OK, first of all, George III didn't have myrmidons. (He had Hessians, who are not the same thing.) Achilles had myrmidons, and they were not traitors. They were, in fact, fanatically loyal.
(Forget it. He's rolling.)
Let us leave Rep. Spencer, his pile of Classics Illustrated comics on the floor around his feet, and move along to Iowa, which again will play a vital role in selecting our next president despite being something of a political fruitcake.
An investigation by The Des Moines Register found that the state of Iowa has paid more than $282,000 over the past three years in secret settlement deals with the six former employees. All were asked to sign confidentiality agreements that would have kept the settlements out of public view, according to documents obtained by the Register and interviews with the ex-state workers. The state denies that the workers' positions were cut as political moves, saying the jobs were eliminated as part of a reorganization that saves the state about $730,000 a year. But in grievance complaints filed before the Iowa Public Employment Relations Board and interviews with the Register, the former employees say their complaints and settlements show evidence of systematic efforts by Branstad's administration to embrace Republican cronyism.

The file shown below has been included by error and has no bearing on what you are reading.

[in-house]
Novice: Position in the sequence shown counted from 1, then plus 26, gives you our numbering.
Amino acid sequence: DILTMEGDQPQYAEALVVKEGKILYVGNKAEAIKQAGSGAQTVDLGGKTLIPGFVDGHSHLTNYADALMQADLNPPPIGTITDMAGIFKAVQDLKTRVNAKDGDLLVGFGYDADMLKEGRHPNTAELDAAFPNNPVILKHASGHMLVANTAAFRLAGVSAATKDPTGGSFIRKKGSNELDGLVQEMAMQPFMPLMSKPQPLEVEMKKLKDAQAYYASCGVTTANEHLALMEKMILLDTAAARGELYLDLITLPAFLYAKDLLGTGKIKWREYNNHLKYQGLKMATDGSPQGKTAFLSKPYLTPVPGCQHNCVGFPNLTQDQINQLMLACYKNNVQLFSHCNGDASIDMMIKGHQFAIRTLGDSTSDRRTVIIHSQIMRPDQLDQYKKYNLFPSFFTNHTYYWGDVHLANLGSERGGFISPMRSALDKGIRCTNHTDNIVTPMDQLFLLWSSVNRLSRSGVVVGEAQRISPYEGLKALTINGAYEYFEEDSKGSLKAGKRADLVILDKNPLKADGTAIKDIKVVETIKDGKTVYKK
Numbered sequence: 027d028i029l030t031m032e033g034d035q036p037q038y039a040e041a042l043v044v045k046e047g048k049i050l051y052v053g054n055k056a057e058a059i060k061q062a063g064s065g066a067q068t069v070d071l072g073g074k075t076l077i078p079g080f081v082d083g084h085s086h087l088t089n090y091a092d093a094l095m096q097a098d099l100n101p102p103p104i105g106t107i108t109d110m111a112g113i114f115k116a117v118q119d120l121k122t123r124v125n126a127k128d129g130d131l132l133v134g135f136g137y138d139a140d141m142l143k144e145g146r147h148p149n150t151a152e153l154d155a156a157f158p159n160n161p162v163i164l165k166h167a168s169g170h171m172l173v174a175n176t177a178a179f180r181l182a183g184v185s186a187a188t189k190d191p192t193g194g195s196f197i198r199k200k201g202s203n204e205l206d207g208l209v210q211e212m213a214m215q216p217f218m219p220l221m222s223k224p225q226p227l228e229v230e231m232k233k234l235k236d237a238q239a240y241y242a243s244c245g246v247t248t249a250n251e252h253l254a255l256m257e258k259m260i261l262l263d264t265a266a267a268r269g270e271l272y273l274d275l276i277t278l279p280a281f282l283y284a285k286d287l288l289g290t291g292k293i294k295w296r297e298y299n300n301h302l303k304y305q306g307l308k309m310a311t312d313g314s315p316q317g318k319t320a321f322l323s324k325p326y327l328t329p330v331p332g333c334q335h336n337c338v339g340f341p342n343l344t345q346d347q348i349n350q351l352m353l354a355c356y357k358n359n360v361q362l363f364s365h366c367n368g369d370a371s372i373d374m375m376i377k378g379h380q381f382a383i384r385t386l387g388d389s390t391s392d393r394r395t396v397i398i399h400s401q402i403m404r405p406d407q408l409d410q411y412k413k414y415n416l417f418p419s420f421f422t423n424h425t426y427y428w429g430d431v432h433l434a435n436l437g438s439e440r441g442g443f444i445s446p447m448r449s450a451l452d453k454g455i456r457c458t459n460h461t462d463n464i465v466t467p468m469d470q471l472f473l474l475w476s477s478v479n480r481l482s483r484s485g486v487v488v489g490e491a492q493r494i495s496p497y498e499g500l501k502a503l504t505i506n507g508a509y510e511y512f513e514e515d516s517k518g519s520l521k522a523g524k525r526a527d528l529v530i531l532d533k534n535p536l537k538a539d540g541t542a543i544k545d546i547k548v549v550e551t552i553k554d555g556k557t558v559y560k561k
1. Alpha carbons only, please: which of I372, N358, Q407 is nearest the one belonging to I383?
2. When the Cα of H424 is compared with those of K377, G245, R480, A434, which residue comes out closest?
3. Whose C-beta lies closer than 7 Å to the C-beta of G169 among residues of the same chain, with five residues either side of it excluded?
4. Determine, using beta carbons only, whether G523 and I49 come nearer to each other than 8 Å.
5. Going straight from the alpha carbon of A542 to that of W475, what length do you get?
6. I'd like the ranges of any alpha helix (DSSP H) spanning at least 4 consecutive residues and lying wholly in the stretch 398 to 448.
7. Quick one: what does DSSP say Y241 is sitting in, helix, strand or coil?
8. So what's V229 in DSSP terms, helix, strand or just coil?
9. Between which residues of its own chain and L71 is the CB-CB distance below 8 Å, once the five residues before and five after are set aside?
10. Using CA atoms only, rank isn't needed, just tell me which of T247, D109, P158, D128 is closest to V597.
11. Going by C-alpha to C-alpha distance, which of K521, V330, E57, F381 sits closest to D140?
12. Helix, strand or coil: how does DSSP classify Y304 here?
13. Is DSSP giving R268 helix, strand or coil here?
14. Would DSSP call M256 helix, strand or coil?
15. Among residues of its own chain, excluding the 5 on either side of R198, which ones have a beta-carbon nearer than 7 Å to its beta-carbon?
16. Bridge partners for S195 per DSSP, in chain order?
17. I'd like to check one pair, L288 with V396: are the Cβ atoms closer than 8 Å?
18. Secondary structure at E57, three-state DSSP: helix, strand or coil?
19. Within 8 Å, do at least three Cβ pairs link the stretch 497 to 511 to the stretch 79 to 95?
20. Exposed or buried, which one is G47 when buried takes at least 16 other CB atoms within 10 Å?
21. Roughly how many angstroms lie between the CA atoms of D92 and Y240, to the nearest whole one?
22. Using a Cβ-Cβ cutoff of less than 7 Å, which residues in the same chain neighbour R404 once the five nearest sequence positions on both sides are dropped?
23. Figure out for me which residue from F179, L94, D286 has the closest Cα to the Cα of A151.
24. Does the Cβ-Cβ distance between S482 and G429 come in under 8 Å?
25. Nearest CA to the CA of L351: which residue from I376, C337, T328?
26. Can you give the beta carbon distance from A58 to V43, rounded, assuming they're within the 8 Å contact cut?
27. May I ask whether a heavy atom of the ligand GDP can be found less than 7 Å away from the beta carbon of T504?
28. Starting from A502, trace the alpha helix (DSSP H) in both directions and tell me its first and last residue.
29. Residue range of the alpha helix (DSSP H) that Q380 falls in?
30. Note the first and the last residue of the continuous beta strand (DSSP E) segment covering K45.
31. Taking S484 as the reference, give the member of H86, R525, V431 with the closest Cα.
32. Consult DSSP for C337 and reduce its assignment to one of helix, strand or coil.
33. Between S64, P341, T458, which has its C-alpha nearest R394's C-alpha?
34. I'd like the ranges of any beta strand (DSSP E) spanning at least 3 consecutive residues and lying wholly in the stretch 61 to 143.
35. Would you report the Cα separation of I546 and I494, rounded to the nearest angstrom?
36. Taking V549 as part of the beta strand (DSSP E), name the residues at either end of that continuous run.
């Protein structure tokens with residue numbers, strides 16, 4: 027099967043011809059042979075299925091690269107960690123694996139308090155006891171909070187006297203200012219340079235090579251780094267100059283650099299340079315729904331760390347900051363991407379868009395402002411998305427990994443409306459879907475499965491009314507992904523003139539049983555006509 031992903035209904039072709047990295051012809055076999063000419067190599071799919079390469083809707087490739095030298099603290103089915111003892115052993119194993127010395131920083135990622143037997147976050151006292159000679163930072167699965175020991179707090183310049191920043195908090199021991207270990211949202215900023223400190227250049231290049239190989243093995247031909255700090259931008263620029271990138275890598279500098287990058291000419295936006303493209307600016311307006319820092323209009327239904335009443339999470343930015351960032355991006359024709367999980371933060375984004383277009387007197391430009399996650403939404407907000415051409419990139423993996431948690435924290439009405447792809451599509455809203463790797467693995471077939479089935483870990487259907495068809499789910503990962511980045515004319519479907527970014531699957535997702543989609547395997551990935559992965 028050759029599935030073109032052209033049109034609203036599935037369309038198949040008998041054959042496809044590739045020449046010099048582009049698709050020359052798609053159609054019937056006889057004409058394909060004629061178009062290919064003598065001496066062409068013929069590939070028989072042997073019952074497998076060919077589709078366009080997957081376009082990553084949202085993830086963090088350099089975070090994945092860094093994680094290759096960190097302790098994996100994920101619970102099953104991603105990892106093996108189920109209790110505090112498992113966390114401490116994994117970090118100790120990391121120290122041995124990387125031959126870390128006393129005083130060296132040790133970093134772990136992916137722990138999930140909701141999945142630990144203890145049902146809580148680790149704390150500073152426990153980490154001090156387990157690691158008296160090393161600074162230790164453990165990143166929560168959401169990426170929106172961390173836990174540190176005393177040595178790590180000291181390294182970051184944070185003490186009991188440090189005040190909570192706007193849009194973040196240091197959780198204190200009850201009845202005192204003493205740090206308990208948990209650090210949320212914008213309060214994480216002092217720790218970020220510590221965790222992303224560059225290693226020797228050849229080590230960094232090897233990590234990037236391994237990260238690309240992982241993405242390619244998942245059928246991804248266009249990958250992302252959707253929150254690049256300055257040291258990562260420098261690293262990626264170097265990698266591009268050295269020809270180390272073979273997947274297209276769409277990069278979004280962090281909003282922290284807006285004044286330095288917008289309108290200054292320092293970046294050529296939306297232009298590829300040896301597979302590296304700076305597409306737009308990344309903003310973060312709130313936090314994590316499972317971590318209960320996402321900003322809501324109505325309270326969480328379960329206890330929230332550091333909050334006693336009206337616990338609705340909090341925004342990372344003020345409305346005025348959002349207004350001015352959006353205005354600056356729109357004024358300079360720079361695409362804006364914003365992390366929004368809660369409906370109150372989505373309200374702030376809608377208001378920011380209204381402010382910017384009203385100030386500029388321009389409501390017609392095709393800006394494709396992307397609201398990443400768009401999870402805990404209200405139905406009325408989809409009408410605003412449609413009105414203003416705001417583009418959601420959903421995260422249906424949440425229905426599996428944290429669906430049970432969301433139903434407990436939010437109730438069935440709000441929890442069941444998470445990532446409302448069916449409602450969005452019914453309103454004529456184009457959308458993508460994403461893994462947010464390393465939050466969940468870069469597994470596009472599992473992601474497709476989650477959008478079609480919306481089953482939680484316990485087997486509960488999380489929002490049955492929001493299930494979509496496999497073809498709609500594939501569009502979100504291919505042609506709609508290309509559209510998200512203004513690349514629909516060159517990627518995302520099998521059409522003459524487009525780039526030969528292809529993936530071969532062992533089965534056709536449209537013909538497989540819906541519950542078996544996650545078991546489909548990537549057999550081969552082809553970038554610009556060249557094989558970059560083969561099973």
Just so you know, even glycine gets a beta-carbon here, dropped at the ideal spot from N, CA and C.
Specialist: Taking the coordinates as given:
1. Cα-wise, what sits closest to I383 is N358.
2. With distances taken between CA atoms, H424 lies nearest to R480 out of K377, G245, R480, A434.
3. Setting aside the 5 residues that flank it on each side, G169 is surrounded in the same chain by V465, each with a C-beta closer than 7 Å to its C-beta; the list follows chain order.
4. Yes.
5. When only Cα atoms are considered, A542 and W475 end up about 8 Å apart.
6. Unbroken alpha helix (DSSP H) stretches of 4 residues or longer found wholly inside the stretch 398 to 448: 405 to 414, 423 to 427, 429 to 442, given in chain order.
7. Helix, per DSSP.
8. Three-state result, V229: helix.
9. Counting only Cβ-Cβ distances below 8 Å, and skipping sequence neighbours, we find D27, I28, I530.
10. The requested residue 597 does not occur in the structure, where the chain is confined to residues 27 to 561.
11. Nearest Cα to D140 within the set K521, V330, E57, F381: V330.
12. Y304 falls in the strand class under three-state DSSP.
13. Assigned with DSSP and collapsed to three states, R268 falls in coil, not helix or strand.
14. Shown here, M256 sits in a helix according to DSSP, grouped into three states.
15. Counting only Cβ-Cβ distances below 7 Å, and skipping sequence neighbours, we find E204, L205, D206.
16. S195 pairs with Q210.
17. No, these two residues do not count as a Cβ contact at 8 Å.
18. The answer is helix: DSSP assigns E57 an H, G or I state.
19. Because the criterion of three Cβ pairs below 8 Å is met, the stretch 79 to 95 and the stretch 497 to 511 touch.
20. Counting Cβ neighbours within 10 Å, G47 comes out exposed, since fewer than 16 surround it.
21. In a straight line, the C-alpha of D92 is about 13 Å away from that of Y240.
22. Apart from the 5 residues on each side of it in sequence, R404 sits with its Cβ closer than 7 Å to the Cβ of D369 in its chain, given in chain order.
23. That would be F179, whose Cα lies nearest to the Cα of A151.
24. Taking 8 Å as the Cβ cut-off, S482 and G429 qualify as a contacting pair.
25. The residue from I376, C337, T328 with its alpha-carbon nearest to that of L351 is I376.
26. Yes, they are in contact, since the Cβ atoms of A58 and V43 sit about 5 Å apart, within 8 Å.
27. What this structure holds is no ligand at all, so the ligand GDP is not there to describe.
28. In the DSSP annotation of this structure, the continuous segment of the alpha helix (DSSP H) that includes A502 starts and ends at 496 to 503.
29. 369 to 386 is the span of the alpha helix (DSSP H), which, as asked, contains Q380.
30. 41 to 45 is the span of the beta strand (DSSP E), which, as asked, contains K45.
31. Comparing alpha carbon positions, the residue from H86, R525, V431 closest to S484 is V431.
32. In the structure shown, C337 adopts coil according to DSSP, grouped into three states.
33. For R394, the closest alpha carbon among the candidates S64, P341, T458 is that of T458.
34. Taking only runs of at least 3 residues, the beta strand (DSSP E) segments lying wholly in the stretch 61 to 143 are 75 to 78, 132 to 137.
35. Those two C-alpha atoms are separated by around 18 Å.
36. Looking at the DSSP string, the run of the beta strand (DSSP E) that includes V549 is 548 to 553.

Maybe Chris Christie has a shot out there after all.
And we conclude our tour, as we always do, in Oklahoma, where Blog Special Prairie Chicken neuterer Friedman Of The Plains reports that Governor Mary (We Built Oklahoma, If You Don't Count The Homestead Act And All The Indians The Army Killed For Us.) Fallin got a new andiron for the mansion's mantelpiece.
The Tulsa World reportedly waited 15 months for the governor's office to release more than 8,000 records related to prison reforms. This is the second year in a row that Gov. Fallin has received the recognition for failing to release records to the public. Two new lawsuits have been filed because of her office's slow relase [sic] of public records, and today another organization joined the list. The American Civil Liberties Union of Oklahoma Foundation filed a motion for summary judgement and a supporting legal brief today in Oklahoma County District Court on behalf of Vandelay Entertainment, the publisher of TheLostOgle.com, in its suit against Gov. Fallin. According to a release, the suit seeks a court order compelling Gov. Fallin to release 100 pages of public records she has refused to turn over regarding her decision to reject medicaid expansion.
I'd say this woman needs some myrmidons.
This is your democracy, America. Cherish it.